Flood Bucket Challenge unites seminary in disaster response
By John W. Coleman*
When Hurricane Maria devastated Puerto Rico in September 2017 many concerned students at the Boston University School of Theology felt they had to help the survivors there in some meaningful way. But how?
Burdened with schoolwork, short on time and funds, many students—including some from Puerto Rico—approached the Rev. Charlene Zuill, spiritual life coordinator, looking for ideas. She turned to the United Methodist Committee on Relief and found a solution that united students in a creative, community-building mission endeavor.
Zuill challenged students involved in the school’s community life program to raise $10,000 for cleaning supplies and flood buckets (now known as cleaning kits) to aid Hurricane Maria survivors. The result was the school-wide Flood Bucket Challenge, which took place during the fall semester of 2017.
When Zuill asked for someone to lead the effort, Tory Dillard, a United Methodist and first-year M.Div. student from Erin, Tennessee, stepped forward.
“As a new student, I was hoping to find a place to belong. When I told her I was interested, she asked me to organize a group of students to help,” said Dillard. He had led similar campaigns in high school and as student president of the Wesley Foundation at Austin Peay State University in Clarksville, Tennessee.
The initially small, but committed, team of student leaders grew to 10. They worked on creating posters and other media, making announcements at weekly student gatherings, collecting and accounting for donations, purchasing and assembling buckets, and other tasks.
Faculty members and many of the seminary’s diverse student organizations joined in, challenging one another to match donations for flood buckets. The associate dean of Students and Community Life allowed organizations to contribute to the cause from their school-allocated funds.
Back row, left to right: Tory Dillard, MDiv’20; Spiritual Life Coordinator Rev. Charlene Zuill; Maggie Ward, MDiv’20; Carly Payne MDiv’19. Front row, left to right: Makenna Daniels, MTS’19; Paige Holaday, MDiv’19. Not pictured: Tabitha Nelson, MDiv’18. PHOTO: Kimberly Macdonald
Dillard and others promoted the effort at weekly chapel services and student community lunches, displaying stacked buckets and a colorful thermometer image to show progress as enthusiasm and anticipation grew.
“It was really a unique, strategic, all-around effort,” said Dillard. “It was hard work but a lot of fun. My main job was to talk it up everywhere and help get people excited. Many of us were new and didn’t know each other that first semester. So, people just called me the ‘flood-bucket guy.’”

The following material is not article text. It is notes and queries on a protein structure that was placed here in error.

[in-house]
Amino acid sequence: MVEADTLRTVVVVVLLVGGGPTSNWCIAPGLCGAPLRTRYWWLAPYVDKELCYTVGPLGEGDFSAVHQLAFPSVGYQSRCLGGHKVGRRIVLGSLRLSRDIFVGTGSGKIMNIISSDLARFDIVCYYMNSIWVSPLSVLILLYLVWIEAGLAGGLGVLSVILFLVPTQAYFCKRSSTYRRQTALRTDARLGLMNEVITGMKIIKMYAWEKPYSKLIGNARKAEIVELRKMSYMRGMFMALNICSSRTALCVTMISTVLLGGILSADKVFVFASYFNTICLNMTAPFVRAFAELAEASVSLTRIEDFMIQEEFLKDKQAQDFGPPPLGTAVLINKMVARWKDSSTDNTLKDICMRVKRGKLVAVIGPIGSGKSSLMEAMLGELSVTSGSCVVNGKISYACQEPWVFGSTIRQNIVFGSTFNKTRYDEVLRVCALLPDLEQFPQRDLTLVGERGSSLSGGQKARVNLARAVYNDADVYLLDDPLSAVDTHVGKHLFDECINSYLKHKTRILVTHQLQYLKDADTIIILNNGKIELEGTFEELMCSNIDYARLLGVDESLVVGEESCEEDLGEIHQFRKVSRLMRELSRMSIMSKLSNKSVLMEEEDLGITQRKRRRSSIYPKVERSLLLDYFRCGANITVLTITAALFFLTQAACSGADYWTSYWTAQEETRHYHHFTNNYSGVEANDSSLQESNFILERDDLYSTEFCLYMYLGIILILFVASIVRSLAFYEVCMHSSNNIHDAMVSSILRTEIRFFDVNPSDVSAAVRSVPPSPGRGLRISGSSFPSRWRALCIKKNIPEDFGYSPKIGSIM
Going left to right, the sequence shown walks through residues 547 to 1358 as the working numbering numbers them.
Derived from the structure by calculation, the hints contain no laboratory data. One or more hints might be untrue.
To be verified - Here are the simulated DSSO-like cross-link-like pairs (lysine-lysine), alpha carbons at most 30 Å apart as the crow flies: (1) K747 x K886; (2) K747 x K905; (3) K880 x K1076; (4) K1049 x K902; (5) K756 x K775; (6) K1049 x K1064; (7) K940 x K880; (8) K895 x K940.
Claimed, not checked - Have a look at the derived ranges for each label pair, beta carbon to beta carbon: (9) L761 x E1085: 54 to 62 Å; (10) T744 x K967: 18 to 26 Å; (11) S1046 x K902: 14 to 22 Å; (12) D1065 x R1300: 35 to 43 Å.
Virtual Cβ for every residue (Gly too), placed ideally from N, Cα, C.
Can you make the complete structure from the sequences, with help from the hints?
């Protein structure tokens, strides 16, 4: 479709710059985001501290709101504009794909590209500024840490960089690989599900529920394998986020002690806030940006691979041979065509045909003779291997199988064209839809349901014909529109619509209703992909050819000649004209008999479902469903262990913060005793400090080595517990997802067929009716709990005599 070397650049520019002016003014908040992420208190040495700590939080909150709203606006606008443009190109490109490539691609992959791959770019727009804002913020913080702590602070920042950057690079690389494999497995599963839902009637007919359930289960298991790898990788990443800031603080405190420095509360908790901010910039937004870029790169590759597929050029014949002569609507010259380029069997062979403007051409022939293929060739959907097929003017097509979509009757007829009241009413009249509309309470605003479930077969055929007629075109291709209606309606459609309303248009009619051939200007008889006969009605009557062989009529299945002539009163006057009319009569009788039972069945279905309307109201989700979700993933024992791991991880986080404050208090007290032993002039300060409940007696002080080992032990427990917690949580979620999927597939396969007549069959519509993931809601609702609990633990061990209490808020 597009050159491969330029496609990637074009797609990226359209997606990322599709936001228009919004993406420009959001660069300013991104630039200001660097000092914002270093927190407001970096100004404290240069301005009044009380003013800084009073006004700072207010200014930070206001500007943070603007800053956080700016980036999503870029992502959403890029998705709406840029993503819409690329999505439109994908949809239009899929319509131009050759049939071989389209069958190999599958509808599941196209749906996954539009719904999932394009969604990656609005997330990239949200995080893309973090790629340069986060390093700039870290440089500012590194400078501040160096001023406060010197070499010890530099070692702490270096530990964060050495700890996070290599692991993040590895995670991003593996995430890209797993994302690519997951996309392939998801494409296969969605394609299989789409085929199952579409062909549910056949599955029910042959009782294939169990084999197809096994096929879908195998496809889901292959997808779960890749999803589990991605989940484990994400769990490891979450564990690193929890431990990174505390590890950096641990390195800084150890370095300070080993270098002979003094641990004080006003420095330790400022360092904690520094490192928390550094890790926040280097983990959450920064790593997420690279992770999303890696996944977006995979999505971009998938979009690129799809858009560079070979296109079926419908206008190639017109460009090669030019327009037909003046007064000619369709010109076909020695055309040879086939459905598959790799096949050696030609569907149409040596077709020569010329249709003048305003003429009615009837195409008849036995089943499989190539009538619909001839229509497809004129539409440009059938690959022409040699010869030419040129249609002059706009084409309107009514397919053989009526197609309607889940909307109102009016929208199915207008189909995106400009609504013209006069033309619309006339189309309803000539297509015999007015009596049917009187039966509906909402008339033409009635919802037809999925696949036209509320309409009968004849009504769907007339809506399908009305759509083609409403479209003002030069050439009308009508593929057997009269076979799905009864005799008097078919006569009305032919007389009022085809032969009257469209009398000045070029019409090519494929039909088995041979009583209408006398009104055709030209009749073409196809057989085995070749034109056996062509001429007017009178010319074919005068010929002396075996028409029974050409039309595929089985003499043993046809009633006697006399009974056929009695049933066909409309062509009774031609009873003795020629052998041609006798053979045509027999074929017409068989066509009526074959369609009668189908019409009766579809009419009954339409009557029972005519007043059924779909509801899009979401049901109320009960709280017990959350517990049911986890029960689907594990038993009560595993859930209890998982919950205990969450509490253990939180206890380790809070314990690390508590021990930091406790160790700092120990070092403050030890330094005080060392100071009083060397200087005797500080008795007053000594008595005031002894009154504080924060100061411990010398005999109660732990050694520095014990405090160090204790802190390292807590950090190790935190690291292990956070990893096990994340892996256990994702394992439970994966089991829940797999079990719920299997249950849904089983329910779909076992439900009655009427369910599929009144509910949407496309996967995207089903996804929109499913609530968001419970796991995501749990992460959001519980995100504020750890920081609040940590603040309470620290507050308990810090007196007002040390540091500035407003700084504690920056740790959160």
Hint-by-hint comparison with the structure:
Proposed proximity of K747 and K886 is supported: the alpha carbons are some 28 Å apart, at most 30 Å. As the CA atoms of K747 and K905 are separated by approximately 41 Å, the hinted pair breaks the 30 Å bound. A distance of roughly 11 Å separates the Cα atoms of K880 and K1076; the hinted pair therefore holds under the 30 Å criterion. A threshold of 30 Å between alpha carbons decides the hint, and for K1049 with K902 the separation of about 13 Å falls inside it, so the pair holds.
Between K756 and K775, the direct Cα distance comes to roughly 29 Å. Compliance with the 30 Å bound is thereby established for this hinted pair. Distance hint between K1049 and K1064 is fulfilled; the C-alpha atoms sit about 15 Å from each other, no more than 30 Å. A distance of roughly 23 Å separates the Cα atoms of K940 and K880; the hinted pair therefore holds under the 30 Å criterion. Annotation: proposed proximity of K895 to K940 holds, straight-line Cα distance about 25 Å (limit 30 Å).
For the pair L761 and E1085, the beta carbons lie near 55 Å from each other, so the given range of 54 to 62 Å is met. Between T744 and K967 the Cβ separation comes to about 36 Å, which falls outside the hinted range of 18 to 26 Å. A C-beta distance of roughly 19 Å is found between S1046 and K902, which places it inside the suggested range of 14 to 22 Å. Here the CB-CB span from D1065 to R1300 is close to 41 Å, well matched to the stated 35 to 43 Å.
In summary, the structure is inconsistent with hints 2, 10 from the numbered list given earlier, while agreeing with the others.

Chapel services brought offerings, prayers and donated supplies for hurricane survivors, including families of some students and faculty. While many gave checks and cash, others donated using UMCOR’s online giving page.
“When Maria came (following two August hurricanes, Harvey and Irma) everyone said ‘Oh my God! What can we do?’” recalled Zuill. “We wanted to give our community a feeling that they could do something. A lot of times students are focused on their studies and might feel disconnected from events happening beyond campus. They don’t have much money, and some feel frustrated. This gave them a chance to respond in community together and do something meaningful.”
“We bought materials to fill about 40 buckets initially,” said Zuill. “I loaded them into my car and made several trips to a United Methodist church in our area to deliver them.” When UMCOR’s warehouses filled up with flood buckets, they asked donors to send funds instead.** The students sent the remainder of their collection as international disaster response funds.
The campaign elevated the concern and cooperation of students, faculty and administrators, and it exceeded Zuill’s initial goal by raising $65,000, which in 2017 would have been enough to purchase and fill 1,000 flood buckets at $65 each. Dillard and his team wrote thank-you notes to each donor.
“We turned in the last bucket just before our December semester break,” he reported. “Charlene and I wouldn’t be able to do all this alone. It took a team of committed people; and ultimately, it took our whole village.”
That success led to another this fall. In response to more destructive hurricanes, Dillard, now the school’s student coordinator of Community Life, led others in launching another campaign to support UMCOR’s ongoing disaster response efforts. “UMCOR is out there working to help people,” he said, “and we just wanted to be a part of that again.”
Their goal was to raise $1,000 in three weeks. They raised $1,140 at several gatherings in October, “by just passing one of last year’s buckets around the room” and also by inviting students and faculty to give online.
“I’m telling people to keep on donating to UMCOR,” said Dillard, who looks forward to becoming a pastor someday. “The reason I trust UMCOR so much is because 100 percent of donations go to help victims. It’s not just because I’m United Methodist.”
Zuill sees another potential benefit in the school’s two successful flood bucket challenges. “Hopefully, we’re modeling what folks can do when they get to their places of ministry. If you can do something like this in seminary, you can do it in a congregation or a social service agency. They have witnessed what’s possible.”
**Changes to UMCOR relief supply kits empower communities
*John Coleman is the director of communications for the Eastern Pennsylvania Conference of The United Methodist Church and a writer for Global Ministries.